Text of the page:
The holidays are over for most of us, and you are all refreshed I hope. I’m sure your 2018 planning is already underway or completed, and you’re starting to execute the strategies that will pay off for you in the New Year. Whether it is Operational Awareness, Improving Safety, or Implementing Optimization, everyone has a plan for moving forward and what needs to be focused on throughout the year to ensure success.
Operational Awareness Strategy
- Engineer process and equipment boundaries for safety, reliability and environment limits
- Develop displays showing key process variables in relation to process and equipment boundaries
- Organize displays into an effective hierarchy with easy-to-use navigation
- Use display best practices to ensure abnormal situations stand-out
- Address deficits in operator training
- Build up process understanding and expertise quickly
- Improve operator recognition of abnormal operating conditions that could lead to unsafe, unreliable or inefficient operations
- Reduce environmental deviations
- Safer operations
- Increase equipment reliability
Operational Awareness is one area that good practices and qualitative goals are generally accepted, but not yet standardized. Operational Awareness ensures that the operator has the tools, capabilities and training to operate the process safely, reliably and efficiently. Alarm Management covers the alarm system, but Operational Awareness covers the entire purview of the operator.
The key tool the board operator uses to determine the process state are the control system displays (a.k.a - the operator interface). Having an operator interface that clearly illustrates the current process conditions against the operational boundaries brings the operators’ attention to areas that need focus. Developing several displays that summarize the key process variables against process boundaries show areas that need attention. Organizing displays into a logical display hierarchy allows the operator to drill to areas of need quickly and efficiently. Good training and documentation will help the operator troubleshoot the issue and maintain the process within pre-defined boundaries. Engineering safety, operational, equipment and environmental boundaries will provide a clear understanding of where equipment and the process can be operated safely.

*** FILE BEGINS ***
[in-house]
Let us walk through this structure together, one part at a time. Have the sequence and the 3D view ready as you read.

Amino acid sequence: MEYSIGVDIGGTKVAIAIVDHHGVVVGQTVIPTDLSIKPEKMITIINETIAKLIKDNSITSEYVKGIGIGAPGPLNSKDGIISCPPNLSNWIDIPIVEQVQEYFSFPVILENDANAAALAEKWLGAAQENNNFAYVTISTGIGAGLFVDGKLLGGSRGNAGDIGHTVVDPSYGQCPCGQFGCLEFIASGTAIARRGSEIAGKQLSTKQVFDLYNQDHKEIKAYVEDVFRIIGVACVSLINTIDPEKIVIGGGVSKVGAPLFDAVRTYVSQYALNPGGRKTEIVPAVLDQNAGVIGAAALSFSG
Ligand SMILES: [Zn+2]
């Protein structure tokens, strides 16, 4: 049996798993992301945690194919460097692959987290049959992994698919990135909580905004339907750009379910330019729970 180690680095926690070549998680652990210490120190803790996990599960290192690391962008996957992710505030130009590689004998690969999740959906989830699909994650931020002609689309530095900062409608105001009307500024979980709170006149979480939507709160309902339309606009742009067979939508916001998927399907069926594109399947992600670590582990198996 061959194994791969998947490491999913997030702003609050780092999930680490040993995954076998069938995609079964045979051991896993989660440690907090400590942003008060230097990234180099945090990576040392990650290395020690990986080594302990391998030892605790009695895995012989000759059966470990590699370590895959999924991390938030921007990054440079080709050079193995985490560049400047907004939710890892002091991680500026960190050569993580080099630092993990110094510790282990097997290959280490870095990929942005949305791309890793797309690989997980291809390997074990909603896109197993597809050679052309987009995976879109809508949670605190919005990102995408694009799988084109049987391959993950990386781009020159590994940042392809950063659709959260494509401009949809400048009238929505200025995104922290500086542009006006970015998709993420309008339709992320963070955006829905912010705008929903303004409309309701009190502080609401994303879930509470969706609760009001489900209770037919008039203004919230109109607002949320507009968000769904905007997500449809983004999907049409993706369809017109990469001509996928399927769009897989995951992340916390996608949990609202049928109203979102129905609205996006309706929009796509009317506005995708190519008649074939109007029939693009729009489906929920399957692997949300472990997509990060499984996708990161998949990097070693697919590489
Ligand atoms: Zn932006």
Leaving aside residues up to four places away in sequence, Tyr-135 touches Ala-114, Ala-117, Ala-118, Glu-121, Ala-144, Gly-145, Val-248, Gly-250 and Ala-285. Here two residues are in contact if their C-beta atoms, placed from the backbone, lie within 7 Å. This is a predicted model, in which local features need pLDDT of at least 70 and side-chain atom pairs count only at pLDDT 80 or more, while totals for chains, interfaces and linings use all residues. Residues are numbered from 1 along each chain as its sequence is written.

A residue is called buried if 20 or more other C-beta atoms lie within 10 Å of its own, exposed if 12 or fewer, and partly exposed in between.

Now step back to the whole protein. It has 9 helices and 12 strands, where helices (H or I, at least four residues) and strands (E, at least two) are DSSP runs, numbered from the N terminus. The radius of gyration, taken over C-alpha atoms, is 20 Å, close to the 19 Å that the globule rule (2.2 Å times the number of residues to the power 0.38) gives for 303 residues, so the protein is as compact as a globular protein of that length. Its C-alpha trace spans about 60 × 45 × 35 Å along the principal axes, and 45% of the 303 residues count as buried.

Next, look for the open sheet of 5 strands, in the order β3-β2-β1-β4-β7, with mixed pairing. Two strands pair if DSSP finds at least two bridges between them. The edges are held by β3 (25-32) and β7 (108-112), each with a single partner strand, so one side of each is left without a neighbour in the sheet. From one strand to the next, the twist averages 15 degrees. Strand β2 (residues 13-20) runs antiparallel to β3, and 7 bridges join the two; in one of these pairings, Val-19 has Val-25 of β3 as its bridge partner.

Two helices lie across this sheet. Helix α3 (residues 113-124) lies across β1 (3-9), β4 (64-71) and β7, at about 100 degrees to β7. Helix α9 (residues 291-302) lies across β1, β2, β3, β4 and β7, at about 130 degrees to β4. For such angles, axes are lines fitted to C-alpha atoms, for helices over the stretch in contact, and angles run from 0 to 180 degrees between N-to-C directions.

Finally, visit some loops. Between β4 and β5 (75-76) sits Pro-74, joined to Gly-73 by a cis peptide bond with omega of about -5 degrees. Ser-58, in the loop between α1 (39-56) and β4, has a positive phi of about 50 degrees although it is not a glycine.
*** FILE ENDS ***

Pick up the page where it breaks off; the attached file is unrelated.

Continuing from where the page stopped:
Improving Safety thru Alarm Management Strategy
Goal: Dynamic Rationalization completed on all alarms
Reason: Ensure safer operation, avoid alarm floods and consequently reduce the likelihood of stress on the operators’ job and of onsite industrial incidents from occurring
Results: Meet all alarm metrics from ISA 18.2-2009 / IEC 62682
Alarm Management is one area where industry established a measuring stick by which we are all expected to meet or even surpass. ISA 18.2-2009 and IEC 62682 are well-defined and accepted across the industry. Metrics from these standards are being adopted in corporate and site-specific alarm management standards.
Making sure that all your facility’s alarms have had a good dynamic rationalization is an achievable goal for the year. Making sure that each alarm has at least one defined consequence and response and presents itself at the correct time is critical. When this is done for every alarm in an operator scope of responsibility, all the metrics fall into line.
Goal: Complete one optimization project more than last year
Reason: Make money
Results: Improved profitability
Probably the single most valuable area for us to spend our time as control engineers is optimization. There are always good reasons why we don’t get around to it – Alarm Management, control system migrations, etc. Before we know it, time has passed and new optimization schemes or controllers have not been implemented.
One of the most erroneous statements that I hear regarding this is “You have to have a great base layer then you can start working on advanced.” Here are two problems with this statement:
- Basic control work will never end. In any process plant that is making money, there will always be process adjustments and capital projects that will keep any control engineer busy. Use advanced controls to focus and prioritize improvement to basic controls.
- This statement actually undervalues the role that basic controls play in optimization. What is the objective of the basic controls? What are they supporting? They need to support advanced controls. Would you lay the foundation of a house without floorplans for what you are building on it? You must have more than just a foundation to build a house.
Procedural Automation Strategy (also referred to as State Based Control)
Goal: Design an automated procedure for at least one equipment group
Reason: Improved safety and process reliability
Results: Reduce operator exposure and improve reliability of response in critical areas of operation
One of the most exciting things happening in process control is the re-discovery of Procedural Automation. Procedural Automation is enabling a whole area of Automated Operating Disciplines that allows us to approach the control of continuous processes in a manner that supports safe and reliable operations. The single most damaging concept to process control is that of single loop control. We have to view process controls holistically. Limits of the process operation need to be defined. Controls need to operate in a coordinated manner to maintain these defined operating limits while driving the process toward the desired state.
Here is a Cliff’s notes version of Procedural Automation (State Based Control):
1. Select an equipment group (column, heater, compressor, evaporator, etc.)
2. Define the operating states for the group
3. Determine the operating limits
4. Design automation to maintain operating limits while driving the process toward the desired state